Behind the latest headline figures are some key signs of a resilient housing market, and investors are continuing to hone in on the opportunities available.
Various house price indices have revealed slightly different pictures of the UK housing market, with Zoopla finding that prices have risen by 0.1% over the past year, while Nationwide recorded negative annual house price growth of -5.3%.
Each index is calculated differently, with Nationwide using its mortgage data on owner-occupied properties, while Zoopla calculates its figures based on the asking prices on the portal. However, both have found a dip in transaction levels in the UK property market, which is much as expected in a climate of rising interest rates.
However, cash buyers in particular have actually risen in number, being up by 2% in the first half of 2023 compared to 2019 levels, demonstrating that there is still a high level of appetite from investors in the property market who are able to push ahead without a mortgage.
It is the mortgaged buyer market that has seen a dip in transactions, with a 33% reduction in the first half of 2023 compared with 2023 for home movers, around a 25% fall for first-time buyers, and 30% for buy-to-let investors.
Some investors waiting for rate falls
According to James Green, investment director at deVere Group, although property transaction levels have certainly depleted so far this year, the expectation is that they will rebound as early as the first quarter of 2024 once interest rates have begun to fall.
“Now that inflation is gradually dropping back from generational highs, the central bank will be more likely to be persuaded to pause its rate hike agenda, which will boost the UK’s housing market,” he said. “As rates begin to fall, there will be some decent property investment opportunities in the UK that investors will be keen to seize.”
He also predicts, like many others, that interest rates will “peak at 5.5%” when the Monetary Policy Committee meet again this month. While inflation eased to 6.8% in July from its high point of 11.1% in October 2022, Green points out it is still a way off the Bank of England’s 2% target.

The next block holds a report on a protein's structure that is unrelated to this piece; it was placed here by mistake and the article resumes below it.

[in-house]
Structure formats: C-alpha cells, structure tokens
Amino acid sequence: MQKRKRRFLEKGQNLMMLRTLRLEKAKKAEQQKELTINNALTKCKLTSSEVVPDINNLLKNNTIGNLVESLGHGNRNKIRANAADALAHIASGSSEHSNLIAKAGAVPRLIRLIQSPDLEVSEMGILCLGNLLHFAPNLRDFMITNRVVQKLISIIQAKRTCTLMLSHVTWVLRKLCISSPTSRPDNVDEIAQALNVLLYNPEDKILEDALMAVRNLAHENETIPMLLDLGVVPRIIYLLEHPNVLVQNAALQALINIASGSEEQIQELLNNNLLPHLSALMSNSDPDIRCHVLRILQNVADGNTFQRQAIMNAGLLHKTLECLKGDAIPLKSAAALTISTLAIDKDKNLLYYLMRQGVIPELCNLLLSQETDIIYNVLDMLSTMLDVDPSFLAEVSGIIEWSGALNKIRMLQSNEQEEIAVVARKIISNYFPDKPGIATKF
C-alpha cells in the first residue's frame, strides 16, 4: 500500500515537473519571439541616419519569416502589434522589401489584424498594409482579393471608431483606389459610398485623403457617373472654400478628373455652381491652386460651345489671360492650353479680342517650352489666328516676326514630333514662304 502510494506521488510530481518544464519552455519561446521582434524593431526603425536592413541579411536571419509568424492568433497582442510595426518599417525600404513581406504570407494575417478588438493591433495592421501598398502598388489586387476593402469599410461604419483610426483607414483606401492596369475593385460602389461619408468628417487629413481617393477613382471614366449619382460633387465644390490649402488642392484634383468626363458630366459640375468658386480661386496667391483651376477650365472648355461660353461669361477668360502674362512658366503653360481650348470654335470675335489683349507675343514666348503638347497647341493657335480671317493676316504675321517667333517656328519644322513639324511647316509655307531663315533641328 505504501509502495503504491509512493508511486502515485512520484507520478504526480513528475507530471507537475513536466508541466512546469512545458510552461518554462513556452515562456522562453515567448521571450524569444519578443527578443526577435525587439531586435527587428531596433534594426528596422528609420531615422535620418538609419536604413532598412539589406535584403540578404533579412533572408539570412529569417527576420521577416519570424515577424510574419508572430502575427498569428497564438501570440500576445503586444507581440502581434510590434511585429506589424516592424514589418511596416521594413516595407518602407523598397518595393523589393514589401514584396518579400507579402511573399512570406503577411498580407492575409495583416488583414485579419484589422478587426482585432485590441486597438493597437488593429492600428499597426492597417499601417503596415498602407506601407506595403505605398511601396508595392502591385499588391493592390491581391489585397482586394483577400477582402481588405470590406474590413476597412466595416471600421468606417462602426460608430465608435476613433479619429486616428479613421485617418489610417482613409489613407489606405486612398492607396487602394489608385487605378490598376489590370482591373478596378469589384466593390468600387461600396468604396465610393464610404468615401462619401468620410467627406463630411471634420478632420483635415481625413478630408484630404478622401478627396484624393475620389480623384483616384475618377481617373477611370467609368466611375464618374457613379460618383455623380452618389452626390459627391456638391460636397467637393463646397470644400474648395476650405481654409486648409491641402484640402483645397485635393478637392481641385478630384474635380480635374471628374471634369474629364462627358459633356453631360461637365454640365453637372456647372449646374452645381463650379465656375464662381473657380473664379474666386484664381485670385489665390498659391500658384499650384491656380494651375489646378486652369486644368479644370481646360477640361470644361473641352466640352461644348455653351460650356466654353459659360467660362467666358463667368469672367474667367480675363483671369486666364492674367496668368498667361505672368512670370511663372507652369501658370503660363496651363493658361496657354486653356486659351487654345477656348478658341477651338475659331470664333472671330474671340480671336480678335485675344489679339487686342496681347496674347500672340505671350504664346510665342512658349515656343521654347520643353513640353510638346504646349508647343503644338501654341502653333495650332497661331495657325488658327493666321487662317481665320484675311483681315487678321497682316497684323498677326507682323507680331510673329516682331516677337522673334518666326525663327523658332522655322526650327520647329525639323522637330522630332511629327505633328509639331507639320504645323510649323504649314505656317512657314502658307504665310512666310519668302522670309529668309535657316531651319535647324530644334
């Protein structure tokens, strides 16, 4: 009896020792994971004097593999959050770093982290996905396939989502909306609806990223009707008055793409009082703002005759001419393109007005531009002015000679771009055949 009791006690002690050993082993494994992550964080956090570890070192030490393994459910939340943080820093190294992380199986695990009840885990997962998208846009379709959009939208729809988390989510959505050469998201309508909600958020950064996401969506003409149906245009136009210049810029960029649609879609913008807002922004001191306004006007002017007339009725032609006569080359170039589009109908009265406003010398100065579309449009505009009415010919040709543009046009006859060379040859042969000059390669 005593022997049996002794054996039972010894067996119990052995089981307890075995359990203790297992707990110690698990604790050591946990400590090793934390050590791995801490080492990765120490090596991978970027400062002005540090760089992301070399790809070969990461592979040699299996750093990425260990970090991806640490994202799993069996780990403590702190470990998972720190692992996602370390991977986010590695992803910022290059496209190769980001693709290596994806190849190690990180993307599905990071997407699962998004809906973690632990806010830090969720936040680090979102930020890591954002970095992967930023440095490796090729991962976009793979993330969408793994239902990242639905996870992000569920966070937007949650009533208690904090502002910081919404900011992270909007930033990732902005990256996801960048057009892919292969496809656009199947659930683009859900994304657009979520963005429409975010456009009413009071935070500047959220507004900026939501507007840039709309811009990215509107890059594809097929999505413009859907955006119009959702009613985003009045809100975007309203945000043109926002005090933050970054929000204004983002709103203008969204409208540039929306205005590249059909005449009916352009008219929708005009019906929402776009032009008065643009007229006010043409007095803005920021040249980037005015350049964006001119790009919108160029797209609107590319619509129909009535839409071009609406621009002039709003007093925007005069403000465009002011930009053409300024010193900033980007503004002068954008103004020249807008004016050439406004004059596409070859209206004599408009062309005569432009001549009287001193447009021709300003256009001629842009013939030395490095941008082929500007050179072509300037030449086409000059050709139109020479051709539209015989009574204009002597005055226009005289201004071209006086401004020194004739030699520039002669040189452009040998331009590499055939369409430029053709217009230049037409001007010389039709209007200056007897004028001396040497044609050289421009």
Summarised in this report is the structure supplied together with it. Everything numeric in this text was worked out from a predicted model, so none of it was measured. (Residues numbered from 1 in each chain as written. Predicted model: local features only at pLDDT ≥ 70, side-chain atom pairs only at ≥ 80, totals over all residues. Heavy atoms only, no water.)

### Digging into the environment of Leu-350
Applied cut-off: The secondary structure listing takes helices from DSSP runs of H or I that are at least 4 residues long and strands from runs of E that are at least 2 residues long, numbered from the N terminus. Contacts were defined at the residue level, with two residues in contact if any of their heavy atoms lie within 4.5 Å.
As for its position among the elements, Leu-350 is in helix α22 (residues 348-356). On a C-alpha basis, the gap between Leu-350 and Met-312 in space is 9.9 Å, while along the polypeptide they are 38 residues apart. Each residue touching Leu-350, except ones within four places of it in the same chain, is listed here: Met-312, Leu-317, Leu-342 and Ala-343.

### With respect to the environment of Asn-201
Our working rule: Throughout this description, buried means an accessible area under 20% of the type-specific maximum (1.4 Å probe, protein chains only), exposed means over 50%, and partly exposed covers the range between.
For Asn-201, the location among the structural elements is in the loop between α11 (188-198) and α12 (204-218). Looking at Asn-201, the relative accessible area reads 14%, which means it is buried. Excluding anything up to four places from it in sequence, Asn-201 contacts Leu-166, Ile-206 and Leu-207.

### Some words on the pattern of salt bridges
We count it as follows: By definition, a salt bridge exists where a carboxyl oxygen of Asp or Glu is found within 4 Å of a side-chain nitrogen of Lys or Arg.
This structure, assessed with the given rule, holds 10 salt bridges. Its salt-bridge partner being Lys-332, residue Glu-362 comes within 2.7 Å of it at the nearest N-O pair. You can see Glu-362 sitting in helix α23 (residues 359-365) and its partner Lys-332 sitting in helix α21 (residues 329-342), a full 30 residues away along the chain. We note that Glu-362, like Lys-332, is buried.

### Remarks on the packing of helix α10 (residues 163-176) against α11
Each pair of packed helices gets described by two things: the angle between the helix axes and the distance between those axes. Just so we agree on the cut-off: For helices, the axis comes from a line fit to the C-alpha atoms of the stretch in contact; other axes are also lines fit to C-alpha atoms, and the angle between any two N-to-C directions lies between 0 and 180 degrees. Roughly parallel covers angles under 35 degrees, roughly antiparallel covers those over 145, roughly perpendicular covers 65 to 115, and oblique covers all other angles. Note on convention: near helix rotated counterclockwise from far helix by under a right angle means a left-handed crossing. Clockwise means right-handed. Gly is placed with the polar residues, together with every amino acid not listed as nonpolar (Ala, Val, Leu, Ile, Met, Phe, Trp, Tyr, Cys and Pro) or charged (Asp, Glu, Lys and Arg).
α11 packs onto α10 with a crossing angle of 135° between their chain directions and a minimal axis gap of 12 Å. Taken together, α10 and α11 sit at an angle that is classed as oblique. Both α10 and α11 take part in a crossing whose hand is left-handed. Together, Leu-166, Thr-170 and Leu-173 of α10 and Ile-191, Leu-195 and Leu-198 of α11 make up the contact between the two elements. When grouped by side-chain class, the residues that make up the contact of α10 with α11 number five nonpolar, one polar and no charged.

However, the fact that there has been a rise in cash buyers indicates that many investors are not, in fact, waiting, but are continuing to invest in the market by finding the opportunities that are available. This might include negotiating harder on price, or buying in a cheaper area, such as outside London.
Low unemployment and wage rises boosting the market
Despite the obvious difficulties for homeowners, first-time buyers and investors due to higher mortgage costs, there are positive factors at play reducing the worst effects of the rise. As Robert Gardner, chief economist at Nationwide, points out, unemployment is low and expected to remain below 5%.
This, combined with the high proportion of people on fixed rates, means that “the vast majority of existing borrowers should be able to weather the impact of higher borrowing costs”, with today’s stricter affordability testing ensuring fewer people end up in arrears or negative equity.
He adds: “While activity is likely to remain subdued in the near term, healthy rates of nominal income growth, together with modestly lower house prices, should help to improve housing affordability over time, especially if mortgage rates moderate once Bank Rate peaks.”
As Zoopla’s house price index report also points out, average wages have risen by 7% over the past year, which goes some way towards offsetting rising mortgage costs.
It adds: “With house prices falling modestly, the difference between house prices and earnings is narrowing. Affordability in this sense looks set to improve by 9-10% over 2023.
“As a result, the UK house price to earnings ratio will be 6.3x by the end of the year. This makes buying a house as affordable as the average over the last 20 years.”